4 thoughts on “HOA Renters Beware!

  1. Nila Ridings

    Great information, Dave. Again, things that most people would never think about when renting in an HOA. Once they see the swimming pool and playground can’t sign up fast enough.

    With you as the manager it’s doubtful the scam artists will be sending their ‘customers’ over to pick up keys from you! Way to go on getting the media involved, too. You probably saved countless people from being scammed.

  2. Deborah Goonan

    Excellent overview of issues faced by tenats in HOAs, Dave.

    I used to own a home in a FL HOA. We had families with children rent many of the single family detached homes. These were on the higher end of the rental market for the area. Families found the homes an attractive alternative for the extra space and privacy they needed.

    The problem was that, even though the community was not age restricted, most homes were occupied by resident owners who were near or past retirement. Frankly, many of my neighbors did not like or want children or teens in their gated utopia. So families quickly discovered they were not welcome by most neighbors. The rules against play structures, skateboarding or riding bikes on the sidewalks in the park, and neighbors that complained about noise from kids being kids led to hassles for these tenants. Most moved out after less than a year.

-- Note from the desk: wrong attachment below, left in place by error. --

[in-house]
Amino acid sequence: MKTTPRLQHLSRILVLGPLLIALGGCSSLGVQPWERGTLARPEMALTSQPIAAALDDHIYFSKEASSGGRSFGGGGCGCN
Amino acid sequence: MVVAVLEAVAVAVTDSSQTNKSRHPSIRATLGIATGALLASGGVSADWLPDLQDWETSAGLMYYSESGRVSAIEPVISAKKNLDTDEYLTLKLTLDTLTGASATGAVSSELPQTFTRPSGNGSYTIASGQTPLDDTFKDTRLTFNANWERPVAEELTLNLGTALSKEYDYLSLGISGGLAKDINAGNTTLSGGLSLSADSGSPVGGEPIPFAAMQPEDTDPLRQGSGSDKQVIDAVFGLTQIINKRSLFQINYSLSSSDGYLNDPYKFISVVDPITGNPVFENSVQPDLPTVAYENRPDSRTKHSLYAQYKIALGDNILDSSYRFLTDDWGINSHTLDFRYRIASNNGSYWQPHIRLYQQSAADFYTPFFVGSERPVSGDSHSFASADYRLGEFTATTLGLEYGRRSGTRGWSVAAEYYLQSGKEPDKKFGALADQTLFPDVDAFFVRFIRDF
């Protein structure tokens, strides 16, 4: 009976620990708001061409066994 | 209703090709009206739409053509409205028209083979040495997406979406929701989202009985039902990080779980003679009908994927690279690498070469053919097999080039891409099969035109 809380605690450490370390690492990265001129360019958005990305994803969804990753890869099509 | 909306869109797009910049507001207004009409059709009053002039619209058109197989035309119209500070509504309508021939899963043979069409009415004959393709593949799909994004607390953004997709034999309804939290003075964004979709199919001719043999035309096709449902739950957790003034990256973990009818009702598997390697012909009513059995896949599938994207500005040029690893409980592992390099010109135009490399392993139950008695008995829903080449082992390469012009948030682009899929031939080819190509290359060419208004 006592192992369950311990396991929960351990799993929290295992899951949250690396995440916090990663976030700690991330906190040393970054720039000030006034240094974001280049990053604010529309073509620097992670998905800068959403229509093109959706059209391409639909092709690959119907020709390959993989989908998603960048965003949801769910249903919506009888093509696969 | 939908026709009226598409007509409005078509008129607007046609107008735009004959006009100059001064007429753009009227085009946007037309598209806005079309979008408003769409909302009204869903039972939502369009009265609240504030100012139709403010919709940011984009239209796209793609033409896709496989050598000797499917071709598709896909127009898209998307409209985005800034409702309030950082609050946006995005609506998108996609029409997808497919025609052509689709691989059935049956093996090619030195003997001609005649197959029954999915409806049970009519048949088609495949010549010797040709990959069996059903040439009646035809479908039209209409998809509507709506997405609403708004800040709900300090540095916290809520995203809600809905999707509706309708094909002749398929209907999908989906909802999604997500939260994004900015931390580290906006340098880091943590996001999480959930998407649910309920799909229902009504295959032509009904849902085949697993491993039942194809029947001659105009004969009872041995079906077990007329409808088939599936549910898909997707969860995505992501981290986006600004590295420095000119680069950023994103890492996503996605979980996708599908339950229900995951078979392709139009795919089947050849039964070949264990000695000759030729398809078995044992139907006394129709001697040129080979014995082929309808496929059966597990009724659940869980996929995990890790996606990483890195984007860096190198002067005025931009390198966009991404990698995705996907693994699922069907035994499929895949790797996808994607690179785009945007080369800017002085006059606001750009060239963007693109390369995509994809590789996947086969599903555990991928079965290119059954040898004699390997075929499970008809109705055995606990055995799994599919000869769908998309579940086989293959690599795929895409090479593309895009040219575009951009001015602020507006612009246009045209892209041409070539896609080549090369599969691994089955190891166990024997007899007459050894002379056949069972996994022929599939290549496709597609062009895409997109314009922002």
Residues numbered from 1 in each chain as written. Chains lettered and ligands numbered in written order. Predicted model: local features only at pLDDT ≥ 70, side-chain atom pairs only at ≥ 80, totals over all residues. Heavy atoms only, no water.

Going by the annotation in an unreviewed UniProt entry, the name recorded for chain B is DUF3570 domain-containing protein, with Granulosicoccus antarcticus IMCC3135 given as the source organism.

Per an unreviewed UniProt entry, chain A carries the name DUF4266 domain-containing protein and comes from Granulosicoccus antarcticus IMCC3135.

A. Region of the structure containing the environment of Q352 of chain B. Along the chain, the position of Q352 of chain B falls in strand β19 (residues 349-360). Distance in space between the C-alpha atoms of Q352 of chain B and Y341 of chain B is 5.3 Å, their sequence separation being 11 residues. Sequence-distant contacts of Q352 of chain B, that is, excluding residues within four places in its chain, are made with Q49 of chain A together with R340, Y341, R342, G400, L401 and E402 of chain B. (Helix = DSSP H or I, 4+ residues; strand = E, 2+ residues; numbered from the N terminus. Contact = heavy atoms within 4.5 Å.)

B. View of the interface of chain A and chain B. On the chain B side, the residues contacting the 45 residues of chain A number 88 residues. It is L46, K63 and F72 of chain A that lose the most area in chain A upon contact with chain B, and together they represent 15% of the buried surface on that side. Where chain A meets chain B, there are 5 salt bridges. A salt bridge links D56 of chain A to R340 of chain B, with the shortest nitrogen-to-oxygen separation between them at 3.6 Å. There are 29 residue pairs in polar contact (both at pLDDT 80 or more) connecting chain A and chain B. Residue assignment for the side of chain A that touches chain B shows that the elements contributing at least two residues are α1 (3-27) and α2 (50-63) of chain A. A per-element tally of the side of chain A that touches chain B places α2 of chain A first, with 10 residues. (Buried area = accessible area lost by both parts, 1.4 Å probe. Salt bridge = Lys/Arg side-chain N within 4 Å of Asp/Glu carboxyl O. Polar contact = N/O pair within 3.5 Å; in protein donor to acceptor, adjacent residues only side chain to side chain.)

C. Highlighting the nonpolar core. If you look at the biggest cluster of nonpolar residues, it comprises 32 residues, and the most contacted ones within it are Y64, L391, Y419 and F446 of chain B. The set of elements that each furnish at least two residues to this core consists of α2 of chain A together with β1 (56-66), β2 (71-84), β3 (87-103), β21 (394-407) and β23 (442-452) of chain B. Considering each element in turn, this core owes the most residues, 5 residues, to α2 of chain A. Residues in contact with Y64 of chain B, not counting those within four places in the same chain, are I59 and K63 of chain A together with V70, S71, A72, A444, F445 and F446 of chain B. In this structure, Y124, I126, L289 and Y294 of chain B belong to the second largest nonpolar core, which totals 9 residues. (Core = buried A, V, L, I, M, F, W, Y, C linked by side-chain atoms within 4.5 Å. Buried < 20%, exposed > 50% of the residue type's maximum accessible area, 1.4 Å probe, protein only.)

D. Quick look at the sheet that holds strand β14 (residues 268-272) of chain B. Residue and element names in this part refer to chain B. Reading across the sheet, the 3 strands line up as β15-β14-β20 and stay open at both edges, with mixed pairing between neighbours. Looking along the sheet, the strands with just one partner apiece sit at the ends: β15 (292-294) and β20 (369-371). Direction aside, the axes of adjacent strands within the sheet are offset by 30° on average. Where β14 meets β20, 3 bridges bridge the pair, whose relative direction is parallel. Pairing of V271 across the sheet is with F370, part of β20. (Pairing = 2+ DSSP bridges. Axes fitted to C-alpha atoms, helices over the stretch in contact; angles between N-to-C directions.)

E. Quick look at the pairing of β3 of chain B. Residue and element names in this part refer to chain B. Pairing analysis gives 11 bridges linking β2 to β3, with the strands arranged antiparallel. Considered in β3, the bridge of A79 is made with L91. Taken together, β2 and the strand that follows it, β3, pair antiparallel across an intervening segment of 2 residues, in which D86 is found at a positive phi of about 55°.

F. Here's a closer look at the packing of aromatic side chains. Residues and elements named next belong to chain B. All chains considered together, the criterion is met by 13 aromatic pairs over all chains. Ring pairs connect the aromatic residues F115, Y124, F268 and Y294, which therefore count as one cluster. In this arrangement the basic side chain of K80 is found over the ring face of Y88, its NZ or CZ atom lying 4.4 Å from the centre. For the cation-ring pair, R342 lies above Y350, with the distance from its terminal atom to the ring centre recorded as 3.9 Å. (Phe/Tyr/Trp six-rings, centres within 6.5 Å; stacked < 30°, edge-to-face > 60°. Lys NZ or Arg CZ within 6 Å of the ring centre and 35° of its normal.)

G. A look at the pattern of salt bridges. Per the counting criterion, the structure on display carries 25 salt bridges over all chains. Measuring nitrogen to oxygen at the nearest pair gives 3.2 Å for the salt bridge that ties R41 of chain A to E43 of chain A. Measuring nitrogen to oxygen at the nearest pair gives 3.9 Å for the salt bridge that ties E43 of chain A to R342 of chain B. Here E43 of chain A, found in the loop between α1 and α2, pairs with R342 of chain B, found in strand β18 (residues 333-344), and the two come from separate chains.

The other tenant issue in HOAs is who is respinsible for repairs. There are often gray areas where owner and HOA disagree on certain repairs, especially in multifamily units. The tenant has to deal with two layers of bureaucracy – the landlord and the HOA – in an attempt to get matters resolved.

  3. robert

    > Becoming a renter in an HOA is
    > probably about as popular as playing
    > leapfrog with a Unicorn, in most cases
    > – “there goes the neighborhood!”

    I’ve seen this too, when I first tried to organize my neighbors. No matter how much they complained about the H.O.A. corporation, they always came back to “but we have to do something about renters”. It seems that some home owners will tolerate any amount of corruption and oppression, as long as they can be made to feel superior to the “other” class of resident. It makes trying to organize home owners at the H.O.A. level a pointless waste of time.

    H.O.A. policies to restrict renters are even more pointless, given that in major markets renters make up 30% to 50% of residents:

    Studies at Harvard University reveals that Los Angeles actually has the highest percentage of renters in any major US metro area: 52 percent of Angelenos were renters in 2012, compared to 35 percent nationwide (and 30 percent in St. Louis, which has the lowest percentage). (Curbed. December 10 2013)